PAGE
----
A change of pace
Earlier this month we brought together leaders from across pharmacy, students and patients and asked them a question; how do we produce the pharmacy team of the future that will meet the needs of patients and the public?
We were provided with a multitude of answers but one theme that emerged strongly was that of change - that change is coming and that change is necessary.
On many levels change is already happening. Pharmacy professionals are already taking on greater roles in providing person-centred clinical care and in medicines optimisation. The way care is provided continues to change in order to meet growing demand from an ageing population at a time of limited resources, with care moving out of hospital and into community settings. Relationships between patients and health professionals are also changing, with patients becoming partners in their own care and expecting to make decisions jointly with the health professionals working with them.
It’s important that our standards for education and training reflect all of these changes and prepare tomorrow’s pharmacy team for new roles and new challenges. There was widespread agreement from delegates at the conference that the core skills of professionalism, communication skills and multi-professional working need to be included in the standards for all members of the pharmacy team. And many of those attending told us that the pharmacy team need more interaction with patients in clinical settings and more inter-professional learning during their education and training.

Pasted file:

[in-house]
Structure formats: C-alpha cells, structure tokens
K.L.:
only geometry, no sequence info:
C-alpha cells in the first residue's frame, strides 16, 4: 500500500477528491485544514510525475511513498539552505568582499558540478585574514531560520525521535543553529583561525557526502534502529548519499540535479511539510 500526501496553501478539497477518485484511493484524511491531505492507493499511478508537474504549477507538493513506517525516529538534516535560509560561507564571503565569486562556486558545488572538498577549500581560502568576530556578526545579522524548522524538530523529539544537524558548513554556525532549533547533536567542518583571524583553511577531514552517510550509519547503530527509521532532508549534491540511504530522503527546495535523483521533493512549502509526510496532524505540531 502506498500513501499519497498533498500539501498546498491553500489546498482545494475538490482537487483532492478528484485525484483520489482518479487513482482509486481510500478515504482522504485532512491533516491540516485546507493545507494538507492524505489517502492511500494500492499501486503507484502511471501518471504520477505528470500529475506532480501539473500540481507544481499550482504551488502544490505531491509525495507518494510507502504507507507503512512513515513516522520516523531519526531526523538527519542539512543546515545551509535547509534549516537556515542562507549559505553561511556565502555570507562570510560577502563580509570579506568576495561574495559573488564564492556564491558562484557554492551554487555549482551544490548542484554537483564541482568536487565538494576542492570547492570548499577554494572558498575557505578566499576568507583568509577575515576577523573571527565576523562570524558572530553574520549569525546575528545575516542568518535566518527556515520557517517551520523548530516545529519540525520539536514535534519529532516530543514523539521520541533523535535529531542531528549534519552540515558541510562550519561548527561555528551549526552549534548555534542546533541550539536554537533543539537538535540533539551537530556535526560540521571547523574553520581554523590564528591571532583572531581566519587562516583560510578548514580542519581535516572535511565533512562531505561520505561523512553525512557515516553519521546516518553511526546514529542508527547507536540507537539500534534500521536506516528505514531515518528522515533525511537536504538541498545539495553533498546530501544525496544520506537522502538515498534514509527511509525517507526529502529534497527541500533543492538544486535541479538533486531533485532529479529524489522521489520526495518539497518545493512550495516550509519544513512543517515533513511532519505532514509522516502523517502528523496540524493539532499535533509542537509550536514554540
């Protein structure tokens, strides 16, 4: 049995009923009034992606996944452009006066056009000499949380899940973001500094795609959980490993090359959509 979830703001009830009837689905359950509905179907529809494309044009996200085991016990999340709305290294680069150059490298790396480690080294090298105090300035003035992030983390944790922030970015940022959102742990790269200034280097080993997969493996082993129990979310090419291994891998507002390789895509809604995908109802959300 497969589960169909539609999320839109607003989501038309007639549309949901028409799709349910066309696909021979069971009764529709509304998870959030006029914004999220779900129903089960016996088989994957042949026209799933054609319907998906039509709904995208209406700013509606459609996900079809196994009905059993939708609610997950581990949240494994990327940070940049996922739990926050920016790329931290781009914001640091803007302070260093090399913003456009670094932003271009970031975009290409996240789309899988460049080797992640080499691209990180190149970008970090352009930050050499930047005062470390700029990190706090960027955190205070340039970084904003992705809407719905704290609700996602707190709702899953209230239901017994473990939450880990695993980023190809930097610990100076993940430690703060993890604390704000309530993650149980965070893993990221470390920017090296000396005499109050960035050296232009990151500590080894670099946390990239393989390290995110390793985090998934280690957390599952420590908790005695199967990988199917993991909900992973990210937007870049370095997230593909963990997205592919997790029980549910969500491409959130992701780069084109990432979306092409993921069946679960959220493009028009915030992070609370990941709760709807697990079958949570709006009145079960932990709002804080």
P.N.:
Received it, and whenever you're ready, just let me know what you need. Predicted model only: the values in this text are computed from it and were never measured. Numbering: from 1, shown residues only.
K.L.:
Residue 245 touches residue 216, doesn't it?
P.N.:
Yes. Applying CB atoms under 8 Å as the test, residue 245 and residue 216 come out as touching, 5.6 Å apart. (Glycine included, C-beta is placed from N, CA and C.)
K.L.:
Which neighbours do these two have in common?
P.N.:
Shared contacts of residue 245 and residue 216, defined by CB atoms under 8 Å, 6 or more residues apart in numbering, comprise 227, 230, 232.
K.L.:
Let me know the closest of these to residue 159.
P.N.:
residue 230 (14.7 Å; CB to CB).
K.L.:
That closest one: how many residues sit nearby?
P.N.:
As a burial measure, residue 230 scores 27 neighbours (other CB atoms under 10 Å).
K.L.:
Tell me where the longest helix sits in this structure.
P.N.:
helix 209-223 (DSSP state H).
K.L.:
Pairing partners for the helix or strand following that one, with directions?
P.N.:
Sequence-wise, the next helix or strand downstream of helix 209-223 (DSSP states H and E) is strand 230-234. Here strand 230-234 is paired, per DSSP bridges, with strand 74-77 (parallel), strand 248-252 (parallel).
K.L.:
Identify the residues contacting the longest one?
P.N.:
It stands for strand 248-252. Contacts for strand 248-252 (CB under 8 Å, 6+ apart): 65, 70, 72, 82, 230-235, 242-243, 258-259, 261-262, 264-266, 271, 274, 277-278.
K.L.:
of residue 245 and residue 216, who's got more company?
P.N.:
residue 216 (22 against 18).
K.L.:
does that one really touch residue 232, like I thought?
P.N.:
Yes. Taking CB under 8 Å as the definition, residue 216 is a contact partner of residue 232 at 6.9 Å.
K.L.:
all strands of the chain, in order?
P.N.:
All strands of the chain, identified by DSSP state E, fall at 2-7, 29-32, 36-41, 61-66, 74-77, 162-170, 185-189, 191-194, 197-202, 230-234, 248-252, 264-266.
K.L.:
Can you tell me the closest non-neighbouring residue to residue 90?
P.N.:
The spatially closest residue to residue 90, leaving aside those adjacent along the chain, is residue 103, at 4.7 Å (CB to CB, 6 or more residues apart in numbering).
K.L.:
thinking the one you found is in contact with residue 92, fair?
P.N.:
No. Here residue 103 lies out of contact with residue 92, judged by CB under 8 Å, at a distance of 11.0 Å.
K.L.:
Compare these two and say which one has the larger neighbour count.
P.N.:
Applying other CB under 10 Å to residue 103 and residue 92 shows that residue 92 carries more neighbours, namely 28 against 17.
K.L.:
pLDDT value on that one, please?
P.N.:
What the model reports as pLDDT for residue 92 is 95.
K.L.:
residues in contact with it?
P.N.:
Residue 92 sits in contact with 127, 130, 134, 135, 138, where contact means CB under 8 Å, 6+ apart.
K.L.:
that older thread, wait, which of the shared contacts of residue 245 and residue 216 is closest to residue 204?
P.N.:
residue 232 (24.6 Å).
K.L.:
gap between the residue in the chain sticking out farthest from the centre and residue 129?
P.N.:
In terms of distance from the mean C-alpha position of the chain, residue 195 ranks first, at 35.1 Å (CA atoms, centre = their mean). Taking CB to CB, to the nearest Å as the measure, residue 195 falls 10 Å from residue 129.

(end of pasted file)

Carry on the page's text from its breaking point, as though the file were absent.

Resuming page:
We are mindful that we must not simply build our standards around a core of today’s knowledge. Instead we need to equip the pharmacy team of the future with the abilities to acquire knowledge and skills throughout their working lives – knowledge which most of us are not even able to visualise at this point in time. Education and training needs to be an ongoing process beyond qualification; there needs to be a clear pathway for future education and training.
The responses we received to our recent discussion paper Tomorrow’s pharmacy team also highlighted that there are still gaps in knowledge about the roles, skills and abilities within the team. This needs to be addressed if we are to achieve a truly integrated approach to pharmacy education and training and to pharmacy practice. And as part of that approach we also need to consider how the pharmacy team as a whole becomes better integrated within the wider healthcare team, with the patient always being at the centre.
These are all issues which will be reflected in our future standards for education and training of the pharmacy team. We plan to continue to engage, question and challenge all those with an involvement in pharmacy education and training to make sure that the standards we end up with are robust now and in the future. And we will challenge ourselves and others to make sure that we move this forward with pace. Change is needed now to make sure tomorrow’s pharmacy team have the skills and abilities to meet future health challenges and the needs of their patients. We all need to make this change happen.